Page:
Alice encounters many strange characters in Wonderland, most of which are characters such as the White Rabbit, or the Caterpillar, and some who are deranged humans such as the Mad Hatter. The film was able to capture the characteristics of most characters like the White Rabbit and Caterpillar, but it didn’t well describe the Mad Hatter. It is true that the novel shows the Mad Hatter to be a very silly and illogical character. He talks about having a happy non-birthday instead of a happy birthday and reversing the meaning of many things like words and such. At one point during the tea party the Mad Hatter presents to her an illogical argument stating:
“Take some more tea,” said the Mad Hatter to Alice very earnestly.
“I’ve had nothing yet, so I can’t take more.”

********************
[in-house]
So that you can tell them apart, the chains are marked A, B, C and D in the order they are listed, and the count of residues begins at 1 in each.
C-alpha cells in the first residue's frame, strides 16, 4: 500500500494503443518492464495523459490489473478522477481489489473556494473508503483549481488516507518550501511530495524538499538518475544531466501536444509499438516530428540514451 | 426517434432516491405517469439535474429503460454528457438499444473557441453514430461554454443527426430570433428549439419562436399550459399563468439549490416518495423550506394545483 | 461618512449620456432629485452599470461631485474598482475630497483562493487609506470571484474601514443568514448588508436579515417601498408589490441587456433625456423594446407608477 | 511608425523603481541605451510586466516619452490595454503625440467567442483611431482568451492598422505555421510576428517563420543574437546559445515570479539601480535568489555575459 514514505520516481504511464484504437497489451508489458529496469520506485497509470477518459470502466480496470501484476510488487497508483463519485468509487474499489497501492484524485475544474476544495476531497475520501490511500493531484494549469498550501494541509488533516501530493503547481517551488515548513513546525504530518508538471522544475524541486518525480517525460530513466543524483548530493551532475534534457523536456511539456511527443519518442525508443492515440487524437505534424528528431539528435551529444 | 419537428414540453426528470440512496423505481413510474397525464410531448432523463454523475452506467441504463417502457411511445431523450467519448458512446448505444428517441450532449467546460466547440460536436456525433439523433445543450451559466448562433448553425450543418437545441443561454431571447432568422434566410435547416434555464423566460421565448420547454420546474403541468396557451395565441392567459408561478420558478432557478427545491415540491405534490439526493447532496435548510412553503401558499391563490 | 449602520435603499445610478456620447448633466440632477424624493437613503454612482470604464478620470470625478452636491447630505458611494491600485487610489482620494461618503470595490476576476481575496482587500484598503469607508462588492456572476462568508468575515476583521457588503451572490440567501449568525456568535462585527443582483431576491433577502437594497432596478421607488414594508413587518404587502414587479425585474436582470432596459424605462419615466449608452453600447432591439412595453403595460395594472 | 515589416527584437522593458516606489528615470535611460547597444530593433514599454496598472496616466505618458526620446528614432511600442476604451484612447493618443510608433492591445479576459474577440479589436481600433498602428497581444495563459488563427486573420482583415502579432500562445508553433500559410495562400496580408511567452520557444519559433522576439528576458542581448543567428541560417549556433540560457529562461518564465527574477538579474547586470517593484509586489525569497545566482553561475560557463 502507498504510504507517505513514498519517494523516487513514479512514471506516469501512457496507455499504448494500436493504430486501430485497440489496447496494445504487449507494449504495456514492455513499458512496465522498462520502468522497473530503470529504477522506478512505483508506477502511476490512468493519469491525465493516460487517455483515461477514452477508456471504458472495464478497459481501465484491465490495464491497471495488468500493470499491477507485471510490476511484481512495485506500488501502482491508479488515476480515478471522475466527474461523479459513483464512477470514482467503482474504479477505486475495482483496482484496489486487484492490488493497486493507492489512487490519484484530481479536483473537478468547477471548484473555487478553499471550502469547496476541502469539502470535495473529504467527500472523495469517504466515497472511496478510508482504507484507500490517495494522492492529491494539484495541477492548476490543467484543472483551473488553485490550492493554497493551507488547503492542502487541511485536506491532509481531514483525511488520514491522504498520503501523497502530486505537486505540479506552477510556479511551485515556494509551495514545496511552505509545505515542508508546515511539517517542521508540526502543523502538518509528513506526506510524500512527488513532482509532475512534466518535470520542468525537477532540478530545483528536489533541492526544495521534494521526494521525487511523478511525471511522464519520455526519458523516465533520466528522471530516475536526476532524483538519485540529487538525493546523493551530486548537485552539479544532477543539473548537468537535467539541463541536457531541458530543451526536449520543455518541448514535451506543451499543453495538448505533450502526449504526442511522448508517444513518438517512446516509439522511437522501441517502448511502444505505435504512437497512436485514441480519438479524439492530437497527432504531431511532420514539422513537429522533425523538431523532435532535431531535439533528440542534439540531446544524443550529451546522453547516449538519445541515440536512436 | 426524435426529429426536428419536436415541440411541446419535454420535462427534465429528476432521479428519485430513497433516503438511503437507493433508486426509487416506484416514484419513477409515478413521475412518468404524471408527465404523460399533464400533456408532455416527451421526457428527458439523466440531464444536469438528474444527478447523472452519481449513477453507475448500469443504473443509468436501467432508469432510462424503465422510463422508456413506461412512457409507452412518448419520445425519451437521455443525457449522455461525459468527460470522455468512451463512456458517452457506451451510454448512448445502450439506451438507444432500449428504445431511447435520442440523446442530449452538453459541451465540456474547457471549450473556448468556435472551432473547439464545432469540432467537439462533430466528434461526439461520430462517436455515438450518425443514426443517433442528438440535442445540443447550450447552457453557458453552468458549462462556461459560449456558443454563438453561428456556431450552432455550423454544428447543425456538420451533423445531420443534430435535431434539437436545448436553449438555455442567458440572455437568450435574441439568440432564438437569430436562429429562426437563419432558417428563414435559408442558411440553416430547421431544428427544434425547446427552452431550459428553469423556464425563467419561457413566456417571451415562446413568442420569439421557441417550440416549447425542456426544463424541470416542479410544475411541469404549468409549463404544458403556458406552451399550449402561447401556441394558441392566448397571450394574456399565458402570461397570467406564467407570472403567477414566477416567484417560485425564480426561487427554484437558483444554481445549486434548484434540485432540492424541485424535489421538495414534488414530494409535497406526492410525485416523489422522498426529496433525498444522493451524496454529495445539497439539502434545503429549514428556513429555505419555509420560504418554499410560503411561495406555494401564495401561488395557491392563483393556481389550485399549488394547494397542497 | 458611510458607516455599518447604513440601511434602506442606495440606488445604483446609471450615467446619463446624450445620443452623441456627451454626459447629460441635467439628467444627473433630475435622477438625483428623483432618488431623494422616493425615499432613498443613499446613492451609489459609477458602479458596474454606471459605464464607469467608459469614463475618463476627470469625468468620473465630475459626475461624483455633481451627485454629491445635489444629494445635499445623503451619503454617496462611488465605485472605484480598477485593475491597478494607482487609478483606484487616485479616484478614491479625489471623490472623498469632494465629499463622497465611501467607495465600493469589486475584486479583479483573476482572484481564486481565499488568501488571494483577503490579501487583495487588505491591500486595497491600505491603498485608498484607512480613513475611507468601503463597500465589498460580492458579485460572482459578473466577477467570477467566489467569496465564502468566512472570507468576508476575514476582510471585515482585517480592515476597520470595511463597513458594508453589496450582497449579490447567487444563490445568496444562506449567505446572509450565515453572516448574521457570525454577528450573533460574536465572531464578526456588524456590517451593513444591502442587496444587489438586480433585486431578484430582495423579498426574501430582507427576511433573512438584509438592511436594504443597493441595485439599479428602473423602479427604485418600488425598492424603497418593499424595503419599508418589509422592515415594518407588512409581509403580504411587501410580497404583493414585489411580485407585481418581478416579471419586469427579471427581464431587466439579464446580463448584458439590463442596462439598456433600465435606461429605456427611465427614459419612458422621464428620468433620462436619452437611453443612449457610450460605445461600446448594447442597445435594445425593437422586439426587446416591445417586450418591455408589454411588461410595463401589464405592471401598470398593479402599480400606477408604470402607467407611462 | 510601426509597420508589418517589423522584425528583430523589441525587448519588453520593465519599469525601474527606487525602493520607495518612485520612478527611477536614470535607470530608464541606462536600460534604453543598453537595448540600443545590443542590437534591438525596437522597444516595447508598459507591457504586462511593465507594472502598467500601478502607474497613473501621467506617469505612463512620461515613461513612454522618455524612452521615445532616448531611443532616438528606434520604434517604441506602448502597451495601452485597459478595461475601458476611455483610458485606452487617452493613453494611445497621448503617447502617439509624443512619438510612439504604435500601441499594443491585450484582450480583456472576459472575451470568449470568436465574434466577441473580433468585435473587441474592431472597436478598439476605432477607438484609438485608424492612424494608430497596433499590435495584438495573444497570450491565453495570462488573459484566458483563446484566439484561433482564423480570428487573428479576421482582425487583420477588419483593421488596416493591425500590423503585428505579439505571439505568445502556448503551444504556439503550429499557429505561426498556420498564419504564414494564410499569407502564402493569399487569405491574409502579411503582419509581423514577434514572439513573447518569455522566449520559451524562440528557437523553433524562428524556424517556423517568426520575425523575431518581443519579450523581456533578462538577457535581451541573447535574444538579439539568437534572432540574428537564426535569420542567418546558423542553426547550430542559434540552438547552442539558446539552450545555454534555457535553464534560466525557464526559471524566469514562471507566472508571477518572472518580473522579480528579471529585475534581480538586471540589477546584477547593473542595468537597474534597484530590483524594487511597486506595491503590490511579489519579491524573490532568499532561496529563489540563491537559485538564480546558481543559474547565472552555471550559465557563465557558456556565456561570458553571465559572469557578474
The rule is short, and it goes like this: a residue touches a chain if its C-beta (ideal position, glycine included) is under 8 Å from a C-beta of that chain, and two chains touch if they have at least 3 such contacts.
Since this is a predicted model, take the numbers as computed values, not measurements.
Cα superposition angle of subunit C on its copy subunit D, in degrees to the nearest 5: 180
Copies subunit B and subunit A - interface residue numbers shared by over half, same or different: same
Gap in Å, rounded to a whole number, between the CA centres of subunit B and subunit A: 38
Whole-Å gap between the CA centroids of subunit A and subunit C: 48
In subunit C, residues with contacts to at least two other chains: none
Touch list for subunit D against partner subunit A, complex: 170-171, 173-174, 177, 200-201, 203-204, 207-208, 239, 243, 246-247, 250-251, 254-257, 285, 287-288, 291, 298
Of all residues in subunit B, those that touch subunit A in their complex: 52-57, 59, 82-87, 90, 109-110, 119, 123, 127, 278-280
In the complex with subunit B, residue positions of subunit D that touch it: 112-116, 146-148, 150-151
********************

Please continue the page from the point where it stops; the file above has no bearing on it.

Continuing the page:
“You mean you can’t take less, it’s very easy to take more then nothing.”
That part, which was not in the film, showed how the Mad Hatter is able to turn almos...
... middle of paper ...
...ing, including many ideas and concepts that need to be read into to understand. The film left out these ideas in order to focus it more to children, and by doing that it missed out on the whole other side of Alice of Wonderland.
The film and novel, both which deal with the mind of a young and curious girl, bring out different aspects of youth and imagination. The novel deals more with abstract concepts such as evolution, reality, and dreams, where the film deals more with Alice’s quest to return home and adventure into the paranormal world of her own imagination. Both of those issues when combined are what Alice and Wonderland is meant to be about. Because the novel deals more with abstract ideas, it would appeal more to an older audience although many younger readers can still enjoy it, whereas the film dealing with adventure appeals mainly to a younger audience.
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